Irrevocable Life Insurance Trusts, or ILITs, have long been a staple of estate planning, helping individuals, families and business owners meet a wide range of goals. But after the Tax Cuts and Jobs Act raised the federal estate-tax exemption limits to $11.4 million per person and $22.8 million per couple, some people wondered whether an ILIT still made sense. After all, the logic goes, with more of your money now shielded from federal estate taxes, you may no longer need to worry about having to pay estate taxes on your insurance payouts.
The answer isn’t as clear-cut as you might assume, according to Ken Elbert, director of advanced planning at Northwestern Mutual. To understand why, let’s first look at how an ILIT works.
WHAT IS AN IRREVOCABLE LIFE INSURANCE TRUST?
An ILIT (pronounced “eye-lit”) is a type of trust that it is funded during your lifetime with one or more life insurance policies. It is irrevocable, which means that once you create an ILIT the trust generally cannot be changed or revoked; the terms of the trust agreement are pretty much set in stone.
In exchange for moving your life insurance policy into the trust, an ILIT provides certain advantages.
“For one, an ILIT can help you avoid having your policy death benefit included in your estate for federal estate tax purposes. At the same time, an ILIT gives you the ability to direct, through the trust document, how and when the death benefit is used, and for whom,” Elbert says.
Funding a trust with life insurance can also help provide the cash needed to cover estate taxes and other expenses after you die. That helps avoid having to sell a business or other high-value asset to cover those costs. Plus, “an ILIT enables you to fully leverage the annual gift tax exclusion — $15,000 per donee or beneficiary in 2019 — by using those gifts to pay the premiums on the life insurance in the trust,” Elbert adds.
DOES AN IRREVOCABLE LIFE INSURANCE TRUST STILL MAKE SENSE TODAY?
So what role can ILITs play now, even with the current estate tax environment? Here’s what to consider if you’re weighing whether to open an ILIT.
The current estate tax laws are set to revert. The new federal estate tax exemptions are temporary. Unless the laws are changed, these higher limits will sunset and revert back to prior limits ($5 million for individuals and $10 million for couples, inflation adjusted) beginning in 2026. Individuals with rapidly appreciating property or a growing business may want to consider “taking advantage of these higher limits by creating a new trust or adding to an existing one before the limits are halved,” Elbert suggests.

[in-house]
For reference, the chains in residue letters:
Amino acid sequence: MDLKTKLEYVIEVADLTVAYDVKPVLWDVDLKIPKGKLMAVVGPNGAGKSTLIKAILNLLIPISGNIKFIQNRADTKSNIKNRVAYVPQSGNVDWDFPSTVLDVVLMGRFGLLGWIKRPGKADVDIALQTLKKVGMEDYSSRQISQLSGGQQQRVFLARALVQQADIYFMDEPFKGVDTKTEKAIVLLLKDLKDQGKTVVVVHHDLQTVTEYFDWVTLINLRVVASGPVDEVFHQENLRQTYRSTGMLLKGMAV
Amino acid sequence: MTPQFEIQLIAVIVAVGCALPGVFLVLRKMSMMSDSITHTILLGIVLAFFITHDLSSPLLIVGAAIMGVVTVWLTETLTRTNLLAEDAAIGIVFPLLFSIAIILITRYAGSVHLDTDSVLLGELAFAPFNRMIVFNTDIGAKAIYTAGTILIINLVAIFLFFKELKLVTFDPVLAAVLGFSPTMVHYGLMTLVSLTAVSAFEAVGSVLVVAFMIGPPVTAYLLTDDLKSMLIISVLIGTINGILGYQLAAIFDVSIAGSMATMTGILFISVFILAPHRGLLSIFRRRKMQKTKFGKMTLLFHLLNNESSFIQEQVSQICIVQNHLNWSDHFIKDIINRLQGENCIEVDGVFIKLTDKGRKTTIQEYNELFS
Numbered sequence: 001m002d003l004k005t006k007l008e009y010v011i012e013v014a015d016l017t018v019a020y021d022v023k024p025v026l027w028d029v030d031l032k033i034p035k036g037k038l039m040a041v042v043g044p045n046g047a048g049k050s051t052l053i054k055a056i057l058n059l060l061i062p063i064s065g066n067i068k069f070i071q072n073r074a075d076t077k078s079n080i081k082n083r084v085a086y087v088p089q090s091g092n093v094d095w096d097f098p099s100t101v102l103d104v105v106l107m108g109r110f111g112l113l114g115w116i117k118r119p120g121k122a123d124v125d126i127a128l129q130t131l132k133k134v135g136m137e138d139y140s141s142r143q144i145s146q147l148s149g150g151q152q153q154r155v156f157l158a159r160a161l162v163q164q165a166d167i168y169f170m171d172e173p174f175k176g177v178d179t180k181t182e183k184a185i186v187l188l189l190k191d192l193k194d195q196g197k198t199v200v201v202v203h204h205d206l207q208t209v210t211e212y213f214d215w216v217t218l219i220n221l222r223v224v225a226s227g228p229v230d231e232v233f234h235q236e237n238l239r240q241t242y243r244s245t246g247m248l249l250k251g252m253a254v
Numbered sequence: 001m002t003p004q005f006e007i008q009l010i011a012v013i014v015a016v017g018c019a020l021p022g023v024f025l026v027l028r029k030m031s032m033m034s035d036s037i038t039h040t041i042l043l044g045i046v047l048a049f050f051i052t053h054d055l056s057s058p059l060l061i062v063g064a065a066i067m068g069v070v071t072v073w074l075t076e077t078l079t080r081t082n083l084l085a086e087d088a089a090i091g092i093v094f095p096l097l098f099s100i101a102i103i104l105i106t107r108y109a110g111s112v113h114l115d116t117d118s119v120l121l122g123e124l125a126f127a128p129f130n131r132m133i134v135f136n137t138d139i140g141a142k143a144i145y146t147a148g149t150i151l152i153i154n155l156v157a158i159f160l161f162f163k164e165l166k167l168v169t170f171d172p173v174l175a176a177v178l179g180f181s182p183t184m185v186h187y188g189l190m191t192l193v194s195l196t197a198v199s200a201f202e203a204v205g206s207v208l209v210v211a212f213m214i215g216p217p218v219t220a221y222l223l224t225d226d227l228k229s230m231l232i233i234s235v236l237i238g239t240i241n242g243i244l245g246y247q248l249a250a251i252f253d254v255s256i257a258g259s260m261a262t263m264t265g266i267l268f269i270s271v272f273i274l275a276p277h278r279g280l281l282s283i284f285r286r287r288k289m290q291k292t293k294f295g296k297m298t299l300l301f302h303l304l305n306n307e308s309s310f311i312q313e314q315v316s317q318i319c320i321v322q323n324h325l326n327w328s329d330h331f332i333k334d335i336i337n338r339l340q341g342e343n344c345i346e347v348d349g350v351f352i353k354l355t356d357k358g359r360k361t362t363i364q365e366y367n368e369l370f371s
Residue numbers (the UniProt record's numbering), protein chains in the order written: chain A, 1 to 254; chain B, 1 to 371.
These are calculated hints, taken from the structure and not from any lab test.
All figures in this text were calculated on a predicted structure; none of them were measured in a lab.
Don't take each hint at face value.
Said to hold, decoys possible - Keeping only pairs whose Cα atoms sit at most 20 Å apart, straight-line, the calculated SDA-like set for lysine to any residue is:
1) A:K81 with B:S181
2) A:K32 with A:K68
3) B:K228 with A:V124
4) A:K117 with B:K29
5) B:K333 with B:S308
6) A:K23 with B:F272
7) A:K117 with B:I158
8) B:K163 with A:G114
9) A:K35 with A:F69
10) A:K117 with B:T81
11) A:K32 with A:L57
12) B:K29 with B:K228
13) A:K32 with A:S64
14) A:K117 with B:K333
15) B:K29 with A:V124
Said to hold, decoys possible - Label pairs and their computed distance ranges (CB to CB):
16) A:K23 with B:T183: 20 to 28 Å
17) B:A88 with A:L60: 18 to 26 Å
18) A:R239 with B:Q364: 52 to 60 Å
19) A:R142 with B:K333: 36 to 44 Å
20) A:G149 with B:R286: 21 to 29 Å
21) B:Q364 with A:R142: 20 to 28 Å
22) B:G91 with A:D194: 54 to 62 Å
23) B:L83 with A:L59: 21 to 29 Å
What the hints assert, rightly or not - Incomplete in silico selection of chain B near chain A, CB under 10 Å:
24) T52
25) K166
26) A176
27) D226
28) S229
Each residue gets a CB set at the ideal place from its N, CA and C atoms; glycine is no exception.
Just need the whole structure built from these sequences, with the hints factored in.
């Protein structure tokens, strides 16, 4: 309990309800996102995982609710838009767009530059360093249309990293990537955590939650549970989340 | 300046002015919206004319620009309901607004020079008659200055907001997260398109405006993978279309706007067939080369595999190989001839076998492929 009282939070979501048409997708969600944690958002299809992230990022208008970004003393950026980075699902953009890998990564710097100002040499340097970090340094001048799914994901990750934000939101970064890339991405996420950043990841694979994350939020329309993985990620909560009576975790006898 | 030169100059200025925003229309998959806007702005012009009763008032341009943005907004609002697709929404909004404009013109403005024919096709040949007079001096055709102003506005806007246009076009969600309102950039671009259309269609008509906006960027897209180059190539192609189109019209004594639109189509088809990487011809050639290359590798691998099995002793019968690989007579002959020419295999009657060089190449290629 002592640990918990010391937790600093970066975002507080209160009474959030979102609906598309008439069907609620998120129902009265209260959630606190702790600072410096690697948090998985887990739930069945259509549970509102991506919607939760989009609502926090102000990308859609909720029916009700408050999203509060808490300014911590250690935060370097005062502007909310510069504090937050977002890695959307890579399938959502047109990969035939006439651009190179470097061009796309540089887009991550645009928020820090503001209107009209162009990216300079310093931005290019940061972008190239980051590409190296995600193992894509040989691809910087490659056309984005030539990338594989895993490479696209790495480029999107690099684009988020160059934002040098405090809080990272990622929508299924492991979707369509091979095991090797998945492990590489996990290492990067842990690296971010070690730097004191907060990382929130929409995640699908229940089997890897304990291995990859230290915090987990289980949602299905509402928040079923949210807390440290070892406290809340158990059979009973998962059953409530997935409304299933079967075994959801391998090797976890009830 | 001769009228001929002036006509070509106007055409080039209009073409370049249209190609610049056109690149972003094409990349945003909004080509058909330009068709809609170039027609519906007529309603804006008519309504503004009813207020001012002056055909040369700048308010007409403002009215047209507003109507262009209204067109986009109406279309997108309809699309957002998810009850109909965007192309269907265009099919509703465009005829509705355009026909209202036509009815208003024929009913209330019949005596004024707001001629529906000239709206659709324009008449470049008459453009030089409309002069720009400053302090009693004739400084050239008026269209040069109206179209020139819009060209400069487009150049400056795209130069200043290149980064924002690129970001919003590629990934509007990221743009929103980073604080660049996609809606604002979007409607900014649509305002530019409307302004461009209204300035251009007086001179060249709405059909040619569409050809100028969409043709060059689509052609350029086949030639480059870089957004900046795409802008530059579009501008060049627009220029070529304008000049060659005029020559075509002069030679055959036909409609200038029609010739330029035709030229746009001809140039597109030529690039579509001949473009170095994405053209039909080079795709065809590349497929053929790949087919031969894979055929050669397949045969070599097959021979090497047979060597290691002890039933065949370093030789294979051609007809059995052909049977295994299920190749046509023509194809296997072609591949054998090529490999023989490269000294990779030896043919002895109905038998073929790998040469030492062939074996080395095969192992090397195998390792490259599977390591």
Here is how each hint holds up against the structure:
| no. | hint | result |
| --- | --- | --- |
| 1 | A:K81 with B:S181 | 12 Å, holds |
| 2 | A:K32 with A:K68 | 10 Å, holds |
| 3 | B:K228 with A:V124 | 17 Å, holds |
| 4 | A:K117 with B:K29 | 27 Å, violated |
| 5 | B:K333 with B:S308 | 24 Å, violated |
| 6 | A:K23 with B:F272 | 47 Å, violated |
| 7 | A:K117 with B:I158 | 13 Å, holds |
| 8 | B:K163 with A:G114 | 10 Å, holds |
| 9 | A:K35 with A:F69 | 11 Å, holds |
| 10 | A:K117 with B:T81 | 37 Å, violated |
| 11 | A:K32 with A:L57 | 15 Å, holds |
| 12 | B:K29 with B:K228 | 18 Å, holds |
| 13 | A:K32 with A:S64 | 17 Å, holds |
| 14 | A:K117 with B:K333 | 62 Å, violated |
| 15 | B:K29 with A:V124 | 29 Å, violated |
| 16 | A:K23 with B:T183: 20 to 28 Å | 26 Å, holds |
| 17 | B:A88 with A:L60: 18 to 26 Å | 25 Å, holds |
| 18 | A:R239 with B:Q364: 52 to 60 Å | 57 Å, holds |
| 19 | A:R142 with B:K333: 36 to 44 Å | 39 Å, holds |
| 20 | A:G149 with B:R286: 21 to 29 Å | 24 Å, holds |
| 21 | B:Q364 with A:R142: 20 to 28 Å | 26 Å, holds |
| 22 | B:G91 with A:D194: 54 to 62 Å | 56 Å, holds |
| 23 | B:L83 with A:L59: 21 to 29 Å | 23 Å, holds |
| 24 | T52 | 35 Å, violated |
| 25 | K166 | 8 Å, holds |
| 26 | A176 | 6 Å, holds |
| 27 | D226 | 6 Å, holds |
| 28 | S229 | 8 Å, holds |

You may still have a state estate tax problem. The federal estate tax isn’t the only concern for many affluent Americans; some states levy their own separate estate tax. The life insurance death benefit within an ILIT can provide the funds to cover those taxes and other expenses.
ILITs provide protection beyond taxes. An ILIT provides a number of advantages beyond the ability to provide a tax-free death benefit. This includes protecting your insurance benefits from divorce, creditors and legal action against you and your beneficiaries. An ILIT also avoids probate and shields assets from expense and loss of privacy during probate.
“An ILIT can be used to protect an inheritance for a minor child, a loved one with special needs or an adult child who lacks the maturity or financial savvy to handle a large sum of money,” Elbert says. “It can also provide liquidity to fund a business succession plan or to avoid having to sell an illiquid asset, such as a family business or a home. It can also help equalize inheritance among multiple beneficiaries.”
Of course, no one knows for certain what the future will bring for estate taxes and exemptions. Nonetheless, an ILIT can provide you, your loved ones and your estate with significant benefits. To determine if an ILIT makes sense for your needs and goals, and to leverage the opportunities offered by the Tax Cuts and Jobs Act, it’s important to review your estate plan with your financial and legal advisors, as well as your tax professional, today.